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Ogra, oil industry seek delay of manganese phase-out plan

Updated October 30, 2018


Car makers insist high manganese content in fuel hurts vehicle performance by choking catalytic converter and clogging parts.—File photo
Car makers insist high manganese content in fuel hurts vehicle performance by choking catalytic converter and clogging parts.—File photo

ISLAMABAD: The Oil and Gas Regulatory Authority (Ogra) and the oil industry have sought postponement of the manganese phase-out plan for local refineries for at least six months to allow the completion of an independent study.

The government had decided in the first week of August to implement the manganese phase out for imported petrol as planned but ordered an independent study to conclude if local refineries really required time to upgrade and for how long.

A committee comprising Ogra and the Oil Companies Advisory Council (OCAC) was constituted to get a study done by an independent consultant. The Ogra member oil and OCAC’s chief executive finalised terms of reference and invited bids from three local consultants — Enar Petrotech, Zishan Engineers and Energy Enterprise Associates.

Two consultants — Enar and Zishan — met the technical criteria. One of them sought 6 months and the other 6-8 months to complete the study. On October 11, the committee reported to the Petroleum Division of the Ministry of Energy that its deadline of completing the study by end-October was not possible in any case and the consultants should be given 6-8months to submit a report on the way forward.

The committee also asked the government to hold in abeyance its order of May 24, 2018 to reduce manganese content in petrol to 40 milligram per litre until March 1, 2019 instead of November 1, 2018. The Petroleum Division is expected to take a decision on the recommendations of the committee on Tuesday (today).

Earlier, the Petroleum Division had resisted a change in the phase-out plan. It had told the oil industry that the timeline for phasing out metal contents in all the production line of petrol (90RON, 92RON, 95RON and 97RON) was finalised in consultations spread over six months with the industry and then notified in May this year and had ordered Hydrocarbon Development Institute of Pakistan (HDIP) to start testing metal content in all grades (RON) of imported petrol arriving after August 1.

The industry was informed that import of motor gasoline will not be permitted containing more than 24mg per litre after October 30, 2018 and till April 30, 2019 and then be completely banned. For local petrol, the Ogra and HDIP will conduct a study through an independent consultant and submit the report encompassing local refineries issues emanating due to implementation of phase-out plan.

From November 1, 2018 and till April 30, 2019, the limit of manganese in 95 and 97 Ron imported petrol will be set at 10mg per litre which will then be banned. Pakistan did not have standards for metal contents until a complaint by Honda Pakistan when it was noted that petrol being sold in the market contained 54-96mg per litre.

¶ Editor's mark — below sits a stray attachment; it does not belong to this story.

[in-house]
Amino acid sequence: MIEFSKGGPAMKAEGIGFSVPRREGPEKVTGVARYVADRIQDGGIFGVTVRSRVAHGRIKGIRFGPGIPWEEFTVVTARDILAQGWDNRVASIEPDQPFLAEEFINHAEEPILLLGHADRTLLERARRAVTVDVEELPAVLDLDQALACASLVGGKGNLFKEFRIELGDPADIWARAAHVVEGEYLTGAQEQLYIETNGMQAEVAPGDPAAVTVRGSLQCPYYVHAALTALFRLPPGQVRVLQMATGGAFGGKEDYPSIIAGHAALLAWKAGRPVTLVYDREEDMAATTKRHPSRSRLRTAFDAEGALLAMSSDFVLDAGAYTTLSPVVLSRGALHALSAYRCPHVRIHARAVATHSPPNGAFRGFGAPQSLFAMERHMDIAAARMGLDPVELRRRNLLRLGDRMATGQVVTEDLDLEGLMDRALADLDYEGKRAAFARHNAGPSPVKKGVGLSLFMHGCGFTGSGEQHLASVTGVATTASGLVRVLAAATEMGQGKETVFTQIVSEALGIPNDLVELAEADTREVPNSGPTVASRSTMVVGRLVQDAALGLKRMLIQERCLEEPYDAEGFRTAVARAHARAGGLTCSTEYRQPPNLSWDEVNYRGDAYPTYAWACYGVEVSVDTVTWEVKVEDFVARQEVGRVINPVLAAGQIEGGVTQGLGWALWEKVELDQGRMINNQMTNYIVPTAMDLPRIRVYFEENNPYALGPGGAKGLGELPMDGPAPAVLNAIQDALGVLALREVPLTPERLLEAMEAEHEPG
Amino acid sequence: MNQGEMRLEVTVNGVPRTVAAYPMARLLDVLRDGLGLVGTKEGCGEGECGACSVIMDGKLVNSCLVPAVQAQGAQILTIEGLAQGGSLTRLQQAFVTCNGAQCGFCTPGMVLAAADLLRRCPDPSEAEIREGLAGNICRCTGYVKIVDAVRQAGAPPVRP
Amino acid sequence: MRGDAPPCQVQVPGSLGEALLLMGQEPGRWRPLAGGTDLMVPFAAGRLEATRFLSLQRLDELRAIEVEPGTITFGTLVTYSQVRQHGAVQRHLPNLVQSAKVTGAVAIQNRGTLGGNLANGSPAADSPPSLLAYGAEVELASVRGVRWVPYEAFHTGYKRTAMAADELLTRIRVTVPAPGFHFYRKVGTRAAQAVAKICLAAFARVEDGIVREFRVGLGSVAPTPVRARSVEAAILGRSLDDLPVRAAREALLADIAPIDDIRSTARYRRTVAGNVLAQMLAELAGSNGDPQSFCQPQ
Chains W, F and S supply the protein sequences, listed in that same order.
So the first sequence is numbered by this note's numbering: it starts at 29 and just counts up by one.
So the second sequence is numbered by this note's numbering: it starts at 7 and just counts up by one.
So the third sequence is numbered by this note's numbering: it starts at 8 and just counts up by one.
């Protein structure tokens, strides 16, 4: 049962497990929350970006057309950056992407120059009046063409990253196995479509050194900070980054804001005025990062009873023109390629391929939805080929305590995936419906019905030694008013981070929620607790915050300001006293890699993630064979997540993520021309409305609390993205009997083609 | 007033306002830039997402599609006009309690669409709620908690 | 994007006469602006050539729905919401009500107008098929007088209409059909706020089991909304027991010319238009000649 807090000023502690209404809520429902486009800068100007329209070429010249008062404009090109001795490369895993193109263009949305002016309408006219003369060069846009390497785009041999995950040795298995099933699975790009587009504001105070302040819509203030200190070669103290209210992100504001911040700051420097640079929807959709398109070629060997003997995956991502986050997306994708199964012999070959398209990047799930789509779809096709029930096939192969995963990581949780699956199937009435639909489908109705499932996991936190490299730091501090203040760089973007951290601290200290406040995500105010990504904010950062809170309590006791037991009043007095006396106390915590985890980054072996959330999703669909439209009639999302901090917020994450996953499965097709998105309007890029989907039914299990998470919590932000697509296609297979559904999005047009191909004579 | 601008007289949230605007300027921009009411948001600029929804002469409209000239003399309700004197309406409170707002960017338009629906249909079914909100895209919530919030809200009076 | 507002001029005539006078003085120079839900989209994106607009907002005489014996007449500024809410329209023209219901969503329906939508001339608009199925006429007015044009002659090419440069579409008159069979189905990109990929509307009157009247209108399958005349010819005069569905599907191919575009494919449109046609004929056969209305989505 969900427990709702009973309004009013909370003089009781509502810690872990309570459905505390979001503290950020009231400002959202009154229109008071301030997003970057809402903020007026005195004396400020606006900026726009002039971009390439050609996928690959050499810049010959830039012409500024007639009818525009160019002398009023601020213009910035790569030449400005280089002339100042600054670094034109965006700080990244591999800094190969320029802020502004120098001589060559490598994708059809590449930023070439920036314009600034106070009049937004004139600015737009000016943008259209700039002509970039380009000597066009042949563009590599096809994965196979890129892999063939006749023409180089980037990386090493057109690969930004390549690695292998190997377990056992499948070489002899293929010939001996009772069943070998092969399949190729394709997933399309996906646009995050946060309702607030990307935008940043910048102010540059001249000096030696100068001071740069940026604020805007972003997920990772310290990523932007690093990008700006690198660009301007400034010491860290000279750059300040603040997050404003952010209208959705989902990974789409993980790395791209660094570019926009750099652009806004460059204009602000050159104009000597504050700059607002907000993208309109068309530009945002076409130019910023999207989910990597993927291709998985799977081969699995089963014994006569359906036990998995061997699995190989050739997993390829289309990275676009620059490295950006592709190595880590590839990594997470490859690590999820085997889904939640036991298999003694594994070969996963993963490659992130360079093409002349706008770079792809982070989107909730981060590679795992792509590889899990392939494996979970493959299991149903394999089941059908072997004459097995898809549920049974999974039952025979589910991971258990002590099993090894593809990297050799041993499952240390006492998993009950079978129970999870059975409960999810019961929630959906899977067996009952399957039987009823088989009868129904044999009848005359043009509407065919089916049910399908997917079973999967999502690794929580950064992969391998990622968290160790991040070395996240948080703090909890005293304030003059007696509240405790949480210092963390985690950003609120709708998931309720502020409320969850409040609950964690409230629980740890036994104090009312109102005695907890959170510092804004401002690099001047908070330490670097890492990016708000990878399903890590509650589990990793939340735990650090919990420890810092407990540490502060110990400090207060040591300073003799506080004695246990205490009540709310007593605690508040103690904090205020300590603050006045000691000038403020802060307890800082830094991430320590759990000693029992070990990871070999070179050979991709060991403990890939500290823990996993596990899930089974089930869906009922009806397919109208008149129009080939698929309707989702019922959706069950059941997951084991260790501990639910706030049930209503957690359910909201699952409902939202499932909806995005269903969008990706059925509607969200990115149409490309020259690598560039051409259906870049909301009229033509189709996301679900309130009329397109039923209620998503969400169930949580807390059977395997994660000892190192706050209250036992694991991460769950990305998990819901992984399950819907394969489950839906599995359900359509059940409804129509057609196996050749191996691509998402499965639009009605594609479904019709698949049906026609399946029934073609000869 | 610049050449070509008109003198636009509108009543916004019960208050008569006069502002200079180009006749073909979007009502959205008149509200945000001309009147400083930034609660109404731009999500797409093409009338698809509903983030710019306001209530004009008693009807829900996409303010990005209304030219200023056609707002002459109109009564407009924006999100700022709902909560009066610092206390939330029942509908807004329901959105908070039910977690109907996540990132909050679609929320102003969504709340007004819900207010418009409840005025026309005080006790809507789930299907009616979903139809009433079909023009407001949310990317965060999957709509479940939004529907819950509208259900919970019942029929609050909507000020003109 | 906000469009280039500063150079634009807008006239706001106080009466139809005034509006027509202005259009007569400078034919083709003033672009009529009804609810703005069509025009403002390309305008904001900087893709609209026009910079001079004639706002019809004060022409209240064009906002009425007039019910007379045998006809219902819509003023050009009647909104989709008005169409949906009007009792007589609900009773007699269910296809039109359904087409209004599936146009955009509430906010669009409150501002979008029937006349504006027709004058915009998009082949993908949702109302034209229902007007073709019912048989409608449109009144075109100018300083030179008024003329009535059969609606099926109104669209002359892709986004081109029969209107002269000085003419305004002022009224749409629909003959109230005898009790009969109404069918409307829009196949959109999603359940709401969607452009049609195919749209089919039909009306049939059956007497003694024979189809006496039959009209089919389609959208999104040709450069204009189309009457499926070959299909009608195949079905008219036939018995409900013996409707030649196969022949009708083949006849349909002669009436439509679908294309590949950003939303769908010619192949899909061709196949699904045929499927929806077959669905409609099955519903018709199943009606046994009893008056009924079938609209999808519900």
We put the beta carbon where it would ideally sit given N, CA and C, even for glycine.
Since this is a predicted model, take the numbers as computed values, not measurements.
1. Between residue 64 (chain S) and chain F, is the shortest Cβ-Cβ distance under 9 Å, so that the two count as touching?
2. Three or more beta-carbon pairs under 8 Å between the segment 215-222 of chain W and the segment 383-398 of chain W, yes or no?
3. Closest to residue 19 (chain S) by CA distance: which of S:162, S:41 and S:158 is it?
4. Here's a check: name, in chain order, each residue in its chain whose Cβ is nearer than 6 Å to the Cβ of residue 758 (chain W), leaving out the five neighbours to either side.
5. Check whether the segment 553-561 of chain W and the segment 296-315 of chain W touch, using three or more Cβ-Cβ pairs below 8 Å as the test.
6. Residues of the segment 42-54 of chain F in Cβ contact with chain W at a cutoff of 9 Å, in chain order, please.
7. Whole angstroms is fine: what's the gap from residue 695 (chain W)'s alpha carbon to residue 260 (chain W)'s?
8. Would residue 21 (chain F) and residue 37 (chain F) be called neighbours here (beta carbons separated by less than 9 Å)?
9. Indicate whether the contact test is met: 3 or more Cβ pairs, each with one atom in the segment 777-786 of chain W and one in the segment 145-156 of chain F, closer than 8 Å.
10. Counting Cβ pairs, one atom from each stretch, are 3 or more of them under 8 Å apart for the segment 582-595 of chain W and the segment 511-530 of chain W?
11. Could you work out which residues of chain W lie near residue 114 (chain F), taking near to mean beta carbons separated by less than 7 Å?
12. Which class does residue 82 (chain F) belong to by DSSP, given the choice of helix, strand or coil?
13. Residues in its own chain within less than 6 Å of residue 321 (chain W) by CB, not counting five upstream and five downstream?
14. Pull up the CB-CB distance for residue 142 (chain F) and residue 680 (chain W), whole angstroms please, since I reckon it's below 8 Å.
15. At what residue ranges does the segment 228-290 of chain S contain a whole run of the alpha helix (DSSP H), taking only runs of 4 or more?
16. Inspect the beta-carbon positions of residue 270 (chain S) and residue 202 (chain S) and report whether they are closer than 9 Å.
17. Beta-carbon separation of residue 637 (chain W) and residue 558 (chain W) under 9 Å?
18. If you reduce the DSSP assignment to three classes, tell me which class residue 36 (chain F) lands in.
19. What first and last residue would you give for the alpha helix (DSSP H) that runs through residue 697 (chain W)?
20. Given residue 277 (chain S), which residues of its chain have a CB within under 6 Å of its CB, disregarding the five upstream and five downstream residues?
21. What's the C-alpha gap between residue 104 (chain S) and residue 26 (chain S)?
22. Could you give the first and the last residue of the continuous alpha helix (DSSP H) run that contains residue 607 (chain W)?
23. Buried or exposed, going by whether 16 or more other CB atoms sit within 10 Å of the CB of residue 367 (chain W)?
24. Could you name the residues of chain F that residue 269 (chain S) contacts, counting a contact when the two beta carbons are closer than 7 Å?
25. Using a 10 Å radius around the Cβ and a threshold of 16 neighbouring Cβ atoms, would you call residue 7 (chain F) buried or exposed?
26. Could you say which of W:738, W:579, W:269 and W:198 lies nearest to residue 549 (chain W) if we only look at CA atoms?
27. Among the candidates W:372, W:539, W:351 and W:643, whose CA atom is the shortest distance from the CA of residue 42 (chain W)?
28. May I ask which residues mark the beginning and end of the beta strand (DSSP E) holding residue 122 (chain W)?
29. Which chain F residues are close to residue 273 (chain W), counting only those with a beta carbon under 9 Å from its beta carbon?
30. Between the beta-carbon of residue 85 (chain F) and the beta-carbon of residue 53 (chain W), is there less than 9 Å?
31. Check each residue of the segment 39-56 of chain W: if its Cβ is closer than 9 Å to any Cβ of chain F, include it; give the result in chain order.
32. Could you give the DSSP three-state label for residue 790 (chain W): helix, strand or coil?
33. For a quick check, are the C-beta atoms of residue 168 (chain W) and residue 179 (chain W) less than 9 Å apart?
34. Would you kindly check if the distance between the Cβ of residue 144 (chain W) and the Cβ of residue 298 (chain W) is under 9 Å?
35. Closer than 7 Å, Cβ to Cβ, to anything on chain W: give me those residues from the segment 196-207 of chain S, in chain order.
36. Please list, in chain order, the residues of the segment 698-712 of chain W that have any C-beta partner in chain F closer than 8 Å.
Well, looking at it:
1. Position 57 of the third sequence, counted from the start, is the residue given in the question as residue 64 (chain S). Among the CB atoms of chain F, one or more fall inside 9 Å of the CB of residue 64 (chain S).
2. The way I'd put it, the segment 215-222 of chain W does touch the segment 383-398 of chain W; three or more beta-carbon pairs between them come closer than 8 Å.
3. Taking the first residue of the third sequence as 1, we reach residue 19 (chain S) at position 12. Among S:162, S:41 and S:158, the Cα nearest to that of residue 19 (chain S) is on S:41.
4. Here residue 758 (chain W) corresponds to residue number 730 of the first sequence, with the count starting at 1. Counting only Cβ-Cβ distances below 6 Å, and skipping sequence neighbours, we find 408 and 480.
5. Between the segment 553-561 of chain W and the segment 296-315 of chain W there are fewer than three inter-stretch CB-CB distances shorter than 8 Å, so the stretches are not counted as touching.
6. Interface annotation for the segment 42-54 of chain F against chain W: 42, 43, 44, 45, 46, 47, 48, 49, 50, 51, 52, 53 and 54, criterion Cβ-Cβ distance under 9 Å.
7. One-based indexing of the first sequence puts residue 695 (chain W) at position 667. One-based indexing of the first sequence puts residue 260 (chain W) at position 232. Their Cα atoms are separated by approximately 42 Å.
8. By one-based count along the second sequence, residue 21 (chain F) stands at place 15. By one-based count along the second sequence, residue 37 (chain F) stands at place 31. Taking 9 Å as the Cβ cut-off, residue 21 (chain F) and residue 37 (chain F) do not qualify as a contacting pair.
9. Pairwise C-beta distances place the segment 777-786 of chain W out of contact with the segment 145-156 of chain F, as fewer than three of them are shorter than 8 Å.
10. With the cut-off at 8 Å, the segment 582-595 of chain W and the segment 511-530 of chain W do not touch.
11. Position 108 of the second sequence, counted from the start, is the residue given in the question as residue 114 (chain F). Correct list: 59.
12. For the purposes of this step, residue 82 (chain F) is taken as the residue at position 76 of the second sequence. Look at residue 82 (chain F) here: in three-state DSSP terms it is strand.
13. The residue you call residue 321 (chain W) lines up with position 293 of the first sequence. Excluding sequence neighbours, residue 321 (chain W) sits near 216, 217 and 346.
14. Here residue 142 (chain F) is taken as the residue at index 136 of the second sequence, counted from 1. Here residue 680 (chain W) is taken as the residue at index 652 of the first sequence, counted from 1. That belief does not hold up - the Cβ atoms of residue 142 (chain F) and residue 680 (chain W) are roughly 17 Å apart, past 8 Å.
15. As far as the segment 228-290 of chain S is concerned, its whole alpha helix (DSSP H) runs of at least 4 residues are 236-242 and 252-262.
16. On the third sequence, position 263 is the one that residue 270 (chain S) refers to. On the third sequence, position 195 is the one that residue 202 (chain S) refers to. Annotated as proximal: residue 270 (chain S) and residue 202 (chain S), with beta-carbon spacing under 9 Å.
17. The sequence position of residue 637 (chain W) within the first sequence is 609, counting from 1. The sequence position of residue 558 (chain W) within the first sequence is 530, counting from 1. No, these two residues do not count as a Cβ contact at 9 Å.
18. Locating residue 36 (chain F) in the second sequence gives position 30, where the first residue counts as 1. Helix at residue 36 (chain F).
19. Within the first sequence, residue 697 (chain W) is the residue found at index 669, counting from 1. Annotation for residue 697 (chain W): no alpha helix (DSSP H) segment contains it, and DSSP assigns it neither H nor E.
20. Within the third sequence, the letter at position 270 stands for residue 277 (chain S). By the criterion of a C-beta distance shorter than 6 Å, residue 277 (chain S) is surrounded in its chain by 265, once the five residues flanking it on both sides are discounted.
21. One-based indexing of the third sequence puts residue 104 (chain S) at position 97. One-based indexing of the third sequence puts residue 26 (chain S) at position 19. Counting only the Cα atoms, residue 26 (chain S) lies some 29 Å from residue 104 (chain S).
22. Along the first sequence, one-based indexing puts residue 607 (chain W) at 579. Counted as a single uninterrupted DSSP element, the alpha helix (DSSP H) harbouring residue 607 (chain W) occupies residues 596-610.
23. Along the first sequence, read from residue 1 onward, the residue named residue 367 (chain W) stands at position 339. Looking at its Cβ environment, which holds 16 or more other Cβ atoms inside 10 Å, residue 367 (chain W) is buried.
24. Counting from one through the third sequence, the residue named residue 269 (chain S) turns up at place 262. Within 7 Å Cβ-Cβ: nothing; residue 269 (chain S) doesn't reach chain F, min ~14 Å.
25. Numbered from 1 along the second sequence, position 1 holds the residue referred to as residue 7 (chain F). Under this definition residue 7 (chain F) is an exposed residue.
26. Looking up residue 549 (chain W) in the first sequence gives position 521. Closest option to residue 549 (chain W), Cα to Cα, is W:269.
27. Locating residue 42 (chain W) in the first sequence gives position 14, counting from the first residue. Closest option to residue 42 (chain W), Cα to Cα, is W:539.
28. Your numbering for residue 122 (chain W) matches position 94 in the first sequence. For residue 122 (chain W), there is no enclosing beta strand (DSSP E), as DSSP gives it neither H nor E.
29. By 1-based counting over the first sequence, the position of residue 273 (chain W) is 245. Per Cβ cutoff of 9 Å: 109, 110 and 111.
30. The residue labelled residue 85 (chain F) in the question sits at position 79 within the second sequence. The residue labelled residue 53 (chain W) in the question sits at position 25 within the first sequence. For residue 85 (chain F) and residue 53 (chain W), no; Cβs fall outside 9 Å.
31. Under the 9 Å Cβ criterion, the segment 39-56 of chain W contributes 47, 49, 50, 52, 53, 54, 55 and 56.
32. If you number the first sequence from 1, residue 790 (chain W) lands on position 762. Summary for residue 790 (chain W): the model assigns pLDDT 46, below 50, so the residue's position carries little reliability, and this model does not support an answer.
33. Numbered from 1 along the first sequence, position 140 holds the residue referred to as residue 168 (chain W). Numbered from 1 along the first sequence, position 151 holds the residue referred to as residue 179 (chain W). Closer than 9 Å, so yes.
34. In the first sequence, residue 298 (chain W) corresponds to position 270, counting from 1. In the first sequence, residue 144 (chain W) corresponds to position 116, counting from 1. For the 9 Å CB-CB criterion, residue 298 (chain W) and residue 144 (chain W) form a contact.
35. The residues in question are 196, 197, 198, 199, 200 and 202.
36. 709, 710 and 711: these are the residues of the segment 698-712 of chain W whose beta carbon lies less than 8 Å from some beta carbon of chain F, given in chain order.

The oil industry had been resisting implementation of notified specifications for lower manganese content in petrol, saying it required additional investments and time to enable the industry for a phase-out plan.

The Petroleum Division had introduced fresh specifications for manganese and iron content in petrol in May this year after automakers, particularly Honda Pakistan, complained about choking of some of their engines due to higher manganese in petrol. It emerged later that Pakistan did not have any limits for manganese content in any type of petrol.

The oil industry had complained that local production of motor gasoline would reduce by 138,000 tonnes per year (11500 tonnes per month) and simultaneously increase naphtha production by 102,000 tonnes per year (8,500 tonnes per month) that would need to be exported, causing infrastructure constraints. The industry said the schedule was “not implementable” because reduction in petrol production and increase in naphtha production would force the refineries to reduce throughput, impacting the production of other petroleum products as well.

These factors would lead to “additional import of Euro II motor gasoline as well as additional exports of surplus Naphtha, thereby burdening the already congested and overburdened import infrastructure at Keamari and Port Qasim”.

The OCAC had called upon the government to continue with limit of 54 mg per litre of manganese content till such time that local refineries are able to upgrade their hardware to a configuration that allowed production of petrol with higher RON and consequent reduction in manganese dosage.

From a technical standpoint, manganese compromises engine performance in the long run, chokes catalytic converter of the vehicle and aggravates pollution level by not converting unsafe substances of the exhaust. It has been in use in Pakistan since 2002 when the government moved to single unleaded petrol grade of 87 RON.

Published in Dawn, October 30th, 2018